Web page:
Jordan Wise 24th February 2009, 22:47 Quote
Quote:
Originally Posted by specofdust
Quote:
Originally Posted by Pookeyhead
Baffled by this article tbh.

Agreed. Pretty much hope no-one was paid money for it - I know that's harsh, but seriously, HDD lights? Unplug or don't, your choice.

Yeah, if the rest of the blog entries are going to be as pointless as this, give us the column bit back with longer articles that people thought about before writing.
notatoad 24th February 2009, 22:56 Quote
the HDD light is far less stupid than the power light. why the hell would i need an led to tell me that the computer is turned on? if it's on, i can see a picture on my screen.

edit: and to all you people whining about how this is a lame topic for an article or column: yeah, that's the point of the blog. it's a space for unimportant little things like rants about hdd lights, without wasting a proper column.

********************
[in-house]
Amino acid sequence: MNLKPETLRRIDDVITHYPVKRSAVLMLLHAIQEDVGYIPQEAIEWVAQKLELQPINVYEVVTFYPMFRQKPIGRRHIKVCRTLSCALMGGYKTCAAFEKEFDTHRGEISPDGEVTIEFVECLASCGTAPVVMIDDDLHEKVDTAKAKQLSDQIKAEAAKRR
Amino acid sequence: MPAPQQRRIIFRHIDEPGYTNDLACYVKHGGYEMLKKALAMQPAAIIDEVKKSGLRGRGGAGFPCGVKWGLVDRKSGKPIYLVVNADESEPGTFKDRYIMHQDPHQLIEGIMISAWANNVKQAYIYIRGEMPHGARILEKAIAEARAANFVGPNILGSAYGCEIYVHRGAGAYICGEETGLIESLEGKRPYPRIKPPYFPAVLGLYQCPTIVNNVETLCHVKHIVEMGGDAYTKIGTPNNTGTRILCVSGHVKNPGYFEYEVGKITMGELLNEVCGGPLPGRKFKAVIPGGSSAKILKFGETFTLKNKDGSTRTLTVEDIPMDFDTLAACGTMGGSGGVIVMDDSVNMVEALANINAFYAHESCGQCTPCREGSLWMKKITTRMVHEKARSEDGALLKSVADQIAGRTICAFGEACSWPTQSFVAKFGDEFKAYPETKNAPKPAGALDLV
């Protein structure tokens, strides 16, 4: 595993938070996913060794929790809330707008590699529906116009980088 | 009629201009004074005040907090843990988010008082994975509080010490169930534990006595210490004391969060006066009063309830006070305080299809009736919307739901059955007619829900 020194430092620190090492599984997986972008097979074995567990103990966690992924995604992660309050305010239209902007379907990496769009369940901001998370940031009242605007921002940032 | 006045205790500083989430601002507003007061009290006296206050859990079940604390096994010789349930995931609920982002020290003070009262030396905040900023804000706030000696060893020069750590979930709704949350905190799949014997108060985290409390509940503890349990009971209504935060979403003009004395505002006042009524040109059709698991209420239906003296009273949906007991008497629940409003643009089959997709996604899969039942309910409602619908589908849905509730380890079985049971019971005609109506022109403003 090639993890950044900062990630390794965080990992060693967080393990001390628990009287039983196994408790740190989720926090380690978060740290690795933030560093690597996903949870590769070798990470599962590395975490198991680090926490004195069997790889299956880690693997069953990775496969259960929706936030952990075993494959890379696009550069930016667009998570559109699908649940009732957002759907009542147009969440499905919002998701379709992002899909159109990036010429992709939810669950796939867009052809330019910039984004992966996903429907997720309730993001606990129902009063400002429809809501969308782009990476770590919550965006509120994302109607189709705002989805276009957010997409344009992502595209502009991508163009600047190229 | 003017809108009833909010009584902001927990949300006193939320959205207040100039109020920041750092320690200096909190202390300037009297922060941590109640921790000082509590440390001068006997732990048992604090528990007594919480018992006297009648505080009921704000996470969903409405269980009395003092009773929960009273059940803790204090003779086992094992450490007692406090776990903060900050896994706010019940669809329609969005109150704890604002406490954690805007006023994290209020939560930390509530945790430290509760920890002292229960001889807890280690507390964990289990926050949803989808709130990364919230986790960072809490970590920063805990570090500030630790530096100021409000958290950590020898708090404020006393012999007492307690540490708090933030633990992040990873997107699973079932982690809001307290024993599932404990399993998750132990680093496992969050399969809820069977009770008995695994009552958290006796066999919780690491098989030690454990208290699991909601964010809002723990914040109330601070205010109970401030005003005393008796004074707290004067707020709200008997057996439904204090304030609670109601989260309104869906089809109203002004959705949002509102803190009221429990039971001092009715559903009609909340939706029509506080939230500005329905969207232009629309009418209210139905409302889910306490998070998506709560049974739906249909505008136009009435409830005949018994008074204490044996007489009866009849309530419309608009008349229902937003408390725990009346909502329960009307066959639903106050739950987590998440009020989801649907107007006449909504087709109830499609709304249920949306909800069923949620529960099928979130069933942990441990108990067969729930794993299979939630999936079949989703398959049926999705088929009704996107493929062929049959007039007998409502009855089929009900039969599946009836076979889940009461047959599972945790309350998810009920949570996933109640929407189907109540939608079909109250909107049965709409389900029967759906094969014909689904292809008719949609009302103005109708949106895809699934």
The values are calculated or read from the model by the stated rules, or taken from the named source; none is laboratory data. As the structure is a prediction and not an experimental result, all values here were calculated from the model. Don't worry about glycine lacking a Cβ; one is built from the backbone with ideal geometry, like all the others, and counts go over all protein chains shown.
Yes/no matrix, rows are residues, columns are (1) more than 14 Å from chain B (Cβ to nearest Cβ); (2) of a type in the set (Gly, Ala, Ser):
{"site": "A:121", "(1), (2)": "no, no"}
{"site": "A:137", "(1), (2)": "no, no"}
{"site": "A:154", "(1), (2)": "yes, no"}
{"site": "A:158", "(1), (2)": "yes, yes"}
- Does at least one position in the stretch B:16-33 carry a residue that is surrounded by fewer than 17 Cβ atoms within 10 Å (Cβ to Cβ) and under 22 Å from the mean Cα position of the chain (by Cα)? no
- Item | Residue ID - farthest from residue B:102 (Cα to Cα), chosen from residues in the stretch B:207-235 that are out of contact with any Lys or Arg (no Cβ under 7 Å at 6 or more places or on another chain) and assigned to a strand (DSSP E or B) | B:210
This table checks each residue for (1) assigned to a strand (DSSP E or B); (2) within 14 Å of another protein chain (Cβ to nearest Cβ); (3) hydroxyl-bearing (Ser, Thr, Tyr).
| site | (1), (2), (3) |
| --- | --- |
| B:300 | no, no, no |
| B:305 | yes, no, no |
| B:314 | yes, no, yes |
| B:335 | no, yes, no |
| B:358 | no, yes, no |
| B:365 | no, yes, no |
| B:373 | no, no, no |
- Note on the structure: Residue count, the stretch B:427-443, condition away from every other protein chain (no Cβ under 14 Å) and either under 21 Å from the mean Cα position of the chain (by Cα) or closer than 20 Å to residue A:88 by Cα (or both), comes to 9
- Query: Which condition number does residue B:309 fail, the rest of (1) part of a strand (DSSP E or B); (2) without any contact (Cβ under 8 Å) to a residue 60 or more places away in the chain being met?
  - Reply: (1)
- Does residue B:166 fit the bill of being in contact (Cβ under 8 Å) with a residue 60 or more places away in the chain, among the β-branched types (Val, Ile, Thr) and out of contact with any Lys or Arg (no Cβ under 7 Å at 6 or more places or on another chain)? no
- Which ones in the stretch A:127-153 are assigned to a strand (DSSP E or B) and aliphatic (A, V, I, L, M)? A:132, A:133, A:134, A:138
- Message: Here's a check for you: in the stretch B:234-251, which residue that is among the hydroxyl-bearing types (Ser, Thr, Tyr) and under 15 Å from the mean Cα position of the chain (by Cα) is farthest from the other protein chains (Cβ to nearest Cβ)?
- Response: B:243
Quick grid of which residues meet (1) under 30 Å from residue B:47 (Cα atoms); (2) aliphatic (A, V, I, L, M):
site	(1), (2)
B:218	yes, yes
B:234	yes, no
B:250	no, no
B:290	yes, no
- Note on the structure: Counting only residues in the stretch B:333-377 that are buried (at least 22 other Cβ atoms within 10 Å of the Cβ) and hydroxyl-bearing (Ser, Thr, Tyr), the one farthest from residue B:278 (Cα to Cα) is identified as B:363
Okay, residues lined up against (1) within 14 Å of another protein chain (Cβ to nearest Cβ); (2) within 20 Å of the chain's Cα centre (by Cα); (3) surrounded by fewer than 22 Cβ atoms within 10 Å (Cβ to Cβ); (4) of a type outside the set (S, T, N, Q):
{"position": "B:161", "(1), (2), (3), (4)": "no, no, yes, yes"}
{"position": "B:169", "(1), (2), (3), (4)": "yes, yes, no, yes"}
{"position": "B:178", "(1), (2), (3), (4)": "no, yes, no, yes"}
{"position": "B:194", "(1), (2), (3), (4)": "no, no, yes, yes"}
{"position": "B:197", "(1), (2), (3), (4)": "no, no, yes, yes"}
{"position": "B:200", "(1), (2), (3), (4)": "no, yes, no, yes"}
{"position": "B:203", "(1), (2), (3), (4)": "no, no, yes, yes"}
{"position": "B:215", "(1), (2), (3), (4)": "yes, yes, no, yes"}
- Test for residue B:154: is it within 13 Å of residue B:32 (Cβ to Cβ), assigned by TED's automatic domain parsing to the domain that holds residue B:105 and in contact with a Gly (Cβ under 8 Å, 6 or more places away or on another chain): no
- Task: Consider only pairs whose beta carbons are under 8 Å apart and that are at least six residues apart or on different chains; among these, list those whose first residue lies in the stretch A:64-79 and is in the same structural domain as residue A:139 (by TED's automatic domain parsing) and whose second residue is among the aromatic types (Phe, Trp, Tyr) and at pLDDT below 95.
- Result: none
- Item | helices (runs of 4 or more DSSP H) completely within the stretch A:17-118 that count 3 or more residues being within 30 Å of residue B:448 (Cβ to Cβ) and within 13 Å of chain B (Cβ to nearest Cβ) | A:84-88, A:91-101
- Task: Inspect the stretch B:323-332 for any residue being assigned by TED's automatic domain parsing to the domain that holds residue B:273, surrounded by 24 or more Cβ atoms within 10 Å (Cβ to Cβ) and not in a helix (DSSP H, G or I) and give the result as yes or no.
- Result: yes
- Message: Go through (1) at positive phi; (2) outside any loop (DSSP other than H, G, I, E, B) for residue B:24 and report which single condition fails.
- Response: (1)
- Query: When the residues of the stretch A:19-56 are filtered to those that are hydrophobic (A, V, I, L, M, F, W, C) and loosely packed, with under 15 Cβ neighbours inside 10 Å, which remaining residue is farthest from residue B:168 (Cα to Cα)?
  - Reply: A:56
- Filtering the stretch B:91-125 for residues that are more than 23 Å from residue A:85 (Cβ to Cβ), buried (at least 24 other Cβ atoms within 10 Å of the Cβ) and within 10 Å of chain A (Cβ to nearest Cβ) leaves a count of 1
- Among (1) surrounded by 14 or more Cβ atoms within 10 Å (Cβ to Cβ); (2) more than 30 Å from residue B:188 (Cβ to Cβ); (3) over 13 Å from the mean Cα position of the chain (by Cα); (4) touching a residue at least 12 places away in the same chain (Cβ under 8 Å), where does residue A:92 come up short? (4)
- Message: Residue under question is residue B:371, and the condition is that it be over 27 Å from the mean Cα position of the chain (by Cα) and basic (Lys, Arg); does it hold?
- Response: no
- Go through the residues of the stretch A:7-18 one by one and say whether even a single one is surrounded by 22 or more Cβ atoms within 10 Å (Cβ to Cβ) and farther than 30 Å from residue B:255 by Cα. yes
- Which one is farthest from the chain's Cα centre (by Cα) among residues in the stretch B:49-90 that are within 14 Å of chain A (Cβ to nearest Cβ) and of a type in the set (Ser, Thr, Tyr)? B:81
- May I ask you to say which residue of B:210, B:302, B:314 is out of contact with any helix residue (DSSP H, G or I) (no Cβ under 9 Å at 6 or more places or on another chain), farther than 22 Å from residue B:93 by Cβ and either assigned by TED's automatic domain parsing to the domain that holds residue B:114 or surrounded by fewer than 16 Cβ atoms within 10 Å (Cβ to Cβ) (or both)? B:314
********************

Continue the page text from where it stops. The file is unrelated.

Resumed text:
Neophyte4Life 25th February 2009, 00:04 Quote
I say if it annoys you,just go and get some electrical tape, cut it to size, and cover it up. I on the other hand then to like the annoying lights so i try to attach as many as i can to my machine. Cyborg keyboard and Razer mouse FTW!!!!
Nicb 25th February 2009, 01:27 Quote
My HDD, DVD Drives, MB lights, Network card, etc, all have lights and have a language associated with the number of blinks, or how many are on or off. I think if you understand the language instead of thinking its randomly blinking away to annoy you then you would be at peace with it and find use from them.
dogknees 25th February 2009, 07:15 Quote